Though I never saw them at the cinema, Murder On The Orient Express (1974), Death On The Nile (1978) and Evil Under The Sun (1982) always seemed to crop up on television whenever there was a Bank Holiday (on rotation with The Great Escape (1963) among others) and guaranteed that we as a family would sit together, glued to the screen, no matter how many times we’d seen them.
The first of these three movies, »
Ah, our favorite magazine tradition. Vanity Fair's 20th Annual Hollywood Issue is upon us and the dozen stars selected they've selected are very carefully placed (they've read their own reviews). Instead of an all white lineup with a person of color shoved onto the back fold, this is an extremely careful, as if everything has been weighed on a scale: 12 actors, exactly equally split between both men and women, and skin color.
Of course both of those 50/50 visual situations are grossly unreflective of the actual business of Hollywood movies but we're not here to complain but to praise, it's fun to see the cover shaken up ever so slightly. If we were here to complain we'd probably say something about the lack of Asian actors (they never get their due here in America) but no one has ever asked The Film Experience to guest art-direct a cover.
If they did »
- NATHANIEL R
The production partnership of John Brabourne (the Eton-educated seventh Baron Brabourne) and Richard B Goodwin (who started out as a teenage tea boy with the Rank Organisation) is one of the most interesting in the British cinema. Its highlights include David Lean's A Passage to India and the two-part Little Dorrit, but its most popular works were the period Agatha Christie pictures that brought all-star casting and unfashionably high production values to the whodunit and set new standards for the string of TV productions that followed. Brabourne's father-in-law Lord Mountbatten helped secure the rights from Dame Agatha, and the three best are the Hercule Poirot mysteries in this Blu-ray set. Ustinov plays the Belgian sleuth both in John Guillermin's Death on the Nile (1978), scripted by Anthony Shaffer and superbly photographed by Jack Cardiff, and in Guy Hamilton's bland »
- Philip French
Miscasting in films has always been a problem. A producer hires an actor thinking that he or she is perfect for a movie role only to find the opposite is true. Other times a star is hired for his box office draw but ruins an otherwise good movie because he looks completely out of place.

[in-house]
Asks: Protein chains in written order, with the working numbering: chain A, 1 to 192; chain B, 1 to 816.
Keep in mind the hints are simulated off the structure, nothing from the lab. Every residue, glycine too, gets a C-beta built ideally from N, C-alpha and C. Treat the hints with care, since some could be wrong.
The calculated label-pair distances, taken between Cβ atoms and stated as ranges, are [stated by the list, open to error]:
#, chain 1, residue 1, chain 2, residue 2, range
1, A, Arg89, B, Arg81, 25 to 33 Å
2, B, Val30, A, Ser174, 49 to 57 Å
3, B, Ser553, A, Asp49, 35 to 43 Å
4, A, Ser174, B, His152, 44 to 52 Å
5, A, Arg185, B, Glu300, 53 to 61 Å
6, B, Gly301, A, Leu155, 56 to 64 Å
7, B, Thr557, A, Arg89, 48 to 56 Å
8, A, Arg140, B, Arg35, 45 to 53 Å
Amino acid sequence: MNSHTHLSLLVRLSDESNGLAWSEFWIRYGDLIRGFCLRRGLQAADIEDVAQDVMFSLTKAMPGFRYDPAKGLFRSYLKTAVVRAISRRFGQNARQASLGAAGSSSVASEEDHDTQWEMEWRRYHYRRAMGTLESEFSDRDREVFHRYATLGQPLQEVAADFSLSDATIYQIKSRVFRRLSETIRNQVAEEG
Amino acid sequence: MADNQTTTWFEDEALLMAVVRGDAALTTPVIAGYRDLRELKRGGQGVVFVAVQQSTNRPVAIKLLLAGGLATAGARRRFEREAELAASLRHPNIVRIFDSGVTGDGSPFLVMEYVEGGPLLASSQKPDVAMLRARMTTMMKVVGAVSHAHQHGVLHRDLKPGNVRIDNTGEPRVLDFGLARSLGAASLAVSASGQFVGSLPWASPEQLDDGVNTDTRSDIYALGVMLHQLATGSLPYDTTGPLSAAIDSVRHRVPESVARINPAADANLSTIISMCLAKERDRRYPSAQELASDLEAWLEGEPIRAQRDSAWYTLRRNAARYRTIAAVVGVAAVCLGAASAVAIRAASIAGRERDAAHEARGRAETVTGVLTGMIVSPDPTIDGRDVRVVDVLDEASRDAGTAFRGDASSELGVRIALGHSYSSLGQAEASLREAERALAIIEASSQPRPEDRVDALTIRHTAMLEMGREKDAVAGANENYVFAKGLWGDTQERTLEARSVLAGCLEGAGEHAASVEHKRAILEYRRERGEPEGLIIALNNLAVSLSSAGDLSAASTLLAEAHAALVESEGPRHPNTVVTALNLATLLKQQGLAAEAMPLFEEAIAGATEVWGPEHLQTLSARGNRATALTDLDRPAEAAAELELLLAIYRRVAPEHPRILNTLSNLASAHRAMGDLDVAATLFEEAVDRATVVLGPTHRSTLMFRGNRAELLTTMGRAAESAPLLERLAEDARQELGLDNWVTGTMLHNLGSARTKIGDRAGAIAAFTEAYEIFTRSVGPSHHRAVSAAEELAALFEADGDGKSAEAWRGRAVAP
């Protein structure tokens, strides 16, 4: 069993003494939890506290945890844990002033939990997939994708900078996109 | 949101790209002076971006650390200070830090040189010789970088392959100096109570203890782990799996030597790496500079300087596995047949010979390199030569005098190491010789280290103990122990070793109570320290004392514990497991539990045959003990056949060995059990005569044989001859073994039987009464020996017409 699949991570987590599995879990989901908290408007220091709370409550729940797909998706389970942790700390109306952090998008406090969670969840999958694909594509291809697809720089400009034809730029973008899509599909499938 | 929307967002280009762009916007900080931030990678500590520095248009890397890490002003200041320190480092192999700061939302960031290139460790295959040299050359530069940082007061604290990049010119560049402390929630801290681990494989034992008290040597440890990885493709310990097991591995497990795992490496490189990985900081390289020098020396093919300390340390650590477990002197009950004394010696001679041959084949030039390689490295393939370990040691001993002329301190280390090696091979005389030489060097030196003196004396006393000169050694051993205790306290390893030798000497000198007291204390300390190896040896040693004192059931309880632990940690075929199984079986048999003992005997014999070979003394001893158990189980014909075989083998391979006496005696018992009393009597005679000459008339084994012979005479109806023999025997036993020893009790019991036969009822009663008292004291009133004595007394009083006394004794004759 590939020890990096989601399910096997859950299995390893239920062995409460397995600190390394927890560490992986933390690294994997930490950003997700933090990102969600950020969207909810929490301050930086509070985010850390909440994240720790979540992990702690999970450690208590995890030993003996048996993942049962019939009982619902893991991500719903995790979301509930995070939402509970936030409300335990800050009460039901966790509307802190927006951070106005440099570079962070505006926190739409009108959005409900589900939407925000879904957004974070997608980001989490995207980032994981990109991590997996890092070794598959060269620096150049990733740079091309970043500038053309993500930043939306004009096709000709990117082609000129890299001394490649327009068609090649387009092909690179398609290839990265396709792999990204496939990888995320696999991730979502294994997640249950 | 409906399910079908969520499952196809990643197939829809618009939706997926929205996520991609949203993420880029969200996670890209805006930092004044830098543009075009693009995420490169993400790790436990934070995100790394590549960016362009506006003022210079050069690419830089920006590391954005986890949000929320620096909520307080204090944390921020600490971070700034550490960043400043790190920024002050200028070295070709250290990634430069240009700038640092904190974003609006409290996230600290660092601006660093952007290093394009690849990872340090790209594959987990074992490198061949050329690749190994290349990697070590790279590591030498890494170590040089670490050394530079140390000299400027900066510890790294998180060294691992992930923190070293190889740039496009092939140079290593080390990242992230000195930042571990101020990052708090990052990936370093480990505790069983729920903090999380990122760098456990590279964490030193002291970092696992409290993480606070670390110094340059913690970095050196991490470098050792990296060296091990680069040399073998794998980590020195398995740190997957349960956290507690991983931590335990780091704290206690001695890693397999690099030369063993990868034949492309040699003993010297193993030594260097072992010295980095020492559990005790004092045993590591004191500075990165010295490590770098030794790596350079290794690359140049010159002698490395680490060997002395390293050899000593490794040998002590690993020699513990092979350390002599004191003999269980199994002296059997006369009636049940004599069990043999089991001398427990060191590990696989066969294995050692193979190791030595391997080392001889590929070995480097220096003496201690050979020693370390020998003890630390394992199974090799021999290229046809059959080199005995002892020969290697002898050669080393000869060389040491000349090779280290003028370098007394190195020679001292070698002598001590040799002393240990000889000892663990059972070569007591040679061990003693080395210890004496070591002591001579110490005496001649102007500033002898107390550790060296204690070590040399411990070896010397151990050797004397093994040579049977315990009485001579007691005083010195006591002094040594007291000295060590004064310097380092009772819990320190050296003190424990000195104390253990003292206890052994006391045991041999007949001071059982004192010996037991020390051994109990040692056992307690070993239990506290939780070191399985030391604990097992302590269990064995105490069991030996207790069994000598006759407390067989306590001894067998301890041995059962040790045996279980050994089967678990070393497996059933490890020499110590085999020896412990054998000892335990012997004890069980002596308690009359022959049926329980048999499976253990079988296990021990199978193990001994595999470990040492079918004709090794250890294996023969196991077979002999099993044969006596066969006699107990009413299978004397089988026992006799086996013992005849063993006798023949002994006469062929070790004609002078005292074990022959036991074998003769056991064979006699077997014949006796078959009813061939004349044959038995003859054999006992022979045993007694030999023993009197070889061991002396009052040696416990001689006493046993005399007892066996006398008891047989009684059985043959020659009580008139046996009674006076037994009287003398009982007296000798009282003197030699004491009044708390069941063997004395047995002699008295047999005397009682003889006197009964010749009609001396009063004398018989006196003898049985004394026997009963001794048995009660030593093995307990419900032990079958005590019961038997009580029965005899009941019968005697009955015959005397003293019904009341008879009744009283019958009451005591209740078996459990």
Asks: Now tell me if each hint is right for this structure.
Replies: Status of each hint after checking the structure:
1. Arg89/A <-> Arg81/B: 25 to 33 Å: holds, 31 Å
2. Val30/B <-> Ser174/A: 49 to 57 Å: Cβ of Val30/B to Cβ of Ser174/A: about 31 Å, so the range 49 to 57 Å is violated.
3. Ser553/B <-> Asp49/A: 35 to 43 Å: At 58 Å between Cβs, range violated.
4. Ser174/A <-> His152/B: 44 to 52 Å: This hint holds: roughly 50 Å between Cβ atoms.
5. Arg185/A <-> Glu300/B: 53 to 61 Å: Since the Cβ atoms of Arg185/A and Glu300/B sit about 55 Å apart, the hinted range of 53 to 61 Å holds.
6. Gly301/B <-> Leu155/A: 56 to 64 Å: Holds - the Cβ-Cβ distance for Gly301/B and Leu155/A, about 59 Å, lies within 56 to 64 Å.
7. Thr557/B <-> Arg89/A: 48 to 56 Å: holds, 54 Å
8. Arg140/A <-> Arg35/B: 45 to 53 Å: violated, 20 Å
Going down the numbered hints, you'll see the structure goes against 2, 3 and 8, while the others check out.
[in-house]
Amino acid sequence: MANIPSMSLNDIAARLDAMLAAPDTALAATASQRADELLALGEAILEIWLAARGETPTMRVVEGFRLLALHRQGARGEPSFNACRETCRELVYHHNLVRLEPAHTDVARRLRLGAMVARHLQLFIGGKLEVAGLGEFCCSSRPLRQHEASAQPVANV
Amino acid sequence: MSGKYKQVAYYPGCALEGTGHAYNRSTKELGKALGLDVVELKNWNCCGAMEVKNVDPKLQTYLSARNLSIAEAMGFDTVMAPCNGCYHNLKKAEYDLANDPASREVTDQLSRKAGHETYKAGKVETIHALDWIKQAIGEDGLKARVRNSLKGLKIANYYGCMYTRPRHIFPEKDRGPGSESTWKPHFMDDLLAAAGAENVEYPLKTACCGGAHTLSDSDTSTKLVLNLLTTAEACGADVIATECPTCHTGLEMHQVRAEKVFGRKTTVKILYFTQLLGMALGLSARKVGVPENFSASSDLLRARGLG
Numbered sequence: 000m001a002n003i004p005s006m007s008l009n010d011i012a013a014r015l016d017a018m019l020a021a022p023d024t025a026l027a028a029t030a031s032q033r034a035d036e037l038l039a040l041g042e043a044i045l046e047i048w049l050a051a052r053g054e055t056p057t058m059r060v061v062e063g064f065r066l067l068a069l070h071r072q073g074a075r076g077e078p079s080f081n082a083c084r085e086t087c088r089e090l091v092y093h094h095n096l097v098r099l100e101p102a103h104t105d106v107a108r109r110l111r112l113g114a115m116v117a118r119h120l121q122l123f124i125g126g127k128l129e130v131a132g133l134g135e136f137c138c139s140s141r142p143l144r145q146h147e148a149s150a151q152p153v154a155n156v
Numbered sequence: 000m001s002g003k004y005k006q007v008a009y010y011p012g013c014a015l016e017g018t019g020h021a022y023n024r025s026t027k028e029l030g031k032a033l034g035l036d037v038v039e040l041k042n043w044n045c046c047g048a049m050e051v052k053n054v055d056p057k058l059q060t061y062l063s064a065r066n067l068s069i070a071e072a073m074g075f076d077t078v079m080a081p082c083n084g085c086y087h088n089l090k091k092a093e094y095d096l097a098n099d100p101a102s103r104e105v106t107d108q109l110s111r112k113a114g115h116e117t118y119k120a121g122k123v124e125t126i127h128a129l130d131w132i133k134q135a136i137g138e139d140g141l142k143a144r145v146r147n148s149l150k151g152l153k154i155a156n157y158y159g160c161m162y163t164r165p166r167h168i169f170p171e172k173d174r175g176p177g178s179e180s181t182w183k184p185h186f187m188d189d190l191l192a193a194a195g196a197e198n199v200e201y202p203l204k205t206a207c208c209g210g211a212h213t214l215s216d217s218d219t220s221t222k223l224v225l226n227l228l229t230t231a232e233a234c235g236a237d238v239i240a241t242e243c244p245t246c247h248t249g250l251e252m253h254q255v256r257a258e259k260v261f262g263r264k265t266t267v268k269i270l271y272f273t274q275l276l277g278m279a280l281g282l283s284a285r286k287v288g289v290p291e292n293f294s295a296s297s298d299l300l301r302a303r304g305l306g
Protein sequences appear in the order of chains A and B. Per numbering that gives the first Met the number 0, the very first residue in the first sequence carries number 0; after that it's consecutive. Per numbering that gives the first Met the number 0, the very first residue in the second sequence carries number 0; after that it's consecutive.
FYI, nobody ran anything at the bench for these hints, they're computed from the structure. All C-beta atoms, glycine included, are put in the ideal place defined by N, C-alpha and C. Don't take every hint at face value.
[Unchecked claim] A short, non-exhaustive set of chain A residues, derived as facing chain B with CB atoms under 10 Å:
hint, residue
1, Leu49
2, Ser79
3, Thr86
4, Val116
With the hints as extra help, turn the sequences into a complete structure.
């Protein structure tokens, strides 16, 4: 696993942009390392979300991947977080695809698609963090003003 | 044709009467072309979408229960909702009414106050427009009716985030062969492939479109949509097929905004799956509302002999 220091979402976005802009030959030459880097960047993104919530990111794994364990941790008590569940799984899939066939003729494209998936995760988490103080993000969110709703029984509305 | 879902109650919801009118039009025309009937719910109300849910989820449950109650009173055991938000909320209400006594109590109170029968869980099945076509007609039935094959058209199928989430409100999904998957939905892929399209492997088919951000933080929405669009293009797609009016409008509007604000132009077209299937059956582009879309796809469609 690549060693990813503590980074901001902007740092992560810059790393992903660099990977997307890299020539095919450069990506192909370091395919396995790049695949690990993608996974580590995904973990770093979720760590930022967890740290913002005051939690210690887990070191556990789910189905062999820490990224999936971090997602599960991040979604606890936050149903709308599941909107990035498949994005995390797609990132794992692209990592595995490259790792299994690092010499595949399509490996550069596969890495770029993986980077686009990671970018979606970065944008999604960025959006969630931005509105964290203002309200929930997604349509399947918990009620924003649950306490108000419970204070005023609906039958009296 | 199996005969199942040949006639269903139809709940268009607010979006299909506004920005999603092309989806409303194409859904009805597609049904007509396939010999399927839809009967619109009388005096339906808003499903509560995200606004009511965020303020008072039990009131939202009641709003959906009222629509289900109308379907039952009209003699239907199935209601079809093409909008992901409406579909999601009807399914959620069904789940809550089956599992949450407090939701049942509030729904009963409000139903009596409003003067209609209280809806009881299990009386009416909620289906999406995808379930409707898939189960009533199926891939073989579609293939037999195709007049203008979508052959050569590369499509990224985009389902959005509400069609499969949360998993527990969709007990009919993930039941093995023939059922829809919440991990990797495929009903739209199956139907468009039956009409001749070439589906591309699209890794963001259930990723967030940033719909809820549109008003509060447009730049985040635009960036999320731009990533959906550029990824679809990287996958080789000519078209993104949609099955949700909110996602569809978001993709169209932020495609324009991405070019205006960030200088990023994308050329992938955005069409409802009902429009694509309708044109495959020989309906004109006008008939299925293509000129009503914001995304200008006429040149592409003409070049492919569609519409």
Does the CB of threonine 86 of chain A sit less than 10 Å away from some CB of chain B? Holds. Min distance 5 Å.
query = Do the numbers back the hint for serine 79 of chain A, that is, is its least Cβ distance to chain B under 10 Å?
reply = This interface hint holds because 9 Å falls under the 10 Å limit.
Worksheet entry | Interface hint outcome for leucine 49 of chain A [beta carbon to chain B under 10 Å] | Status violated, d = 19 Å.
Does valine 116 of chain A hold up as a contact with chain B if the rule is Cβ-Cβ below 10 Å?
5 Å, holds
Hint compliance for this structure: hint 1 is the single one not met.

There have been many humdinger miscastings. You only have to laugh at John Wayne’s Genghis Khan (with Mongol moustache and gun-belt) in The Conqueror (1956), giggle at Marlon Brando’s woeful upper class twang as Fletcher Christian in Mutiny on the Bounty (1962) and cringe at Dick Van Dyke’s misbegotten cockney accent in Mary Poppins (1964). But as hilarious as these miscastings are, producers at the time didn’t think the same way, until after the event. At least they add a bit of camp value to a mediocre or downright awful movie.
In rare cases, »
From Ealing to Poirot by way of The Wicker Man, the Studiocanal back catalogue is filled to the brim with classic films that serve our home entertainment adventures of discovery and rediscovery. Now with the release of The Poirot Collection that brings together the three feature films of Murder on the Orient Express, Death on the Nile and Evil Under the Sun, a glorious Blu-Ray warmth is offered to the crime aficionado during these winter months.
One of the icons of detective literature and television, Hercule Poirot first emerged from the imagination of the English writer Agatha Christie, before Albert Finney, Peter Ustinov and David Suchet introduced her creation to the screen. Between them they have imbued Poirot with a Shakespearean presence; each interpretation an individual joy to watch, »
- Gary Collinson
★★★☆☆Hercule Poirot has been a mainstay on British television screens over the past quarter of a century thanks to David Suchet's definitive portrayal of the portly Belgian sleuth. Courtesy of UK distributors StudioCanal, three of the great detective's most widely watched feature-length cases are now available on Blu-ray in a new box set - entitled The Poirot Collection - featuring Albert Finney's Academy Award-nominated turn in Murder on the Orient Express (1974) and two of Peter Ustinov's appearances as Agatha Christie's flatfoot in which he encounters Death on the Nile (1978) and Evil Under the Sun (1982).
- CineVue UK
To mark the release of the Poirot Collection on 20th January, we’ve been given 3 copies to give away on Blu-ray.
The collection brings to life three of Agatha Christie’s best-known novels, with Albert Finney marking the beginning of Poirot’s on screen journey along with Ingrid Bergman (Casablanca) who gives an Oscar® winning performance in Murder on the Orient Express. Death on the Nile sees Peter Ustinov step into Finney’s shoes to great acclaim. Four years later, Ustinov reprises the role alongside some of Britain’s best-loved actresses Jane Birkin, Dame Maggie Smith and Diana Rigg in Evil Under the Sun.
Please note: This competition is open to UK residents only
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The Small Print
Open to UK residents only The competition will close 22nd January at 23.59 GMT The winner will be picked at random from entries received No cash alternative is available
The usual »
20 items from 2014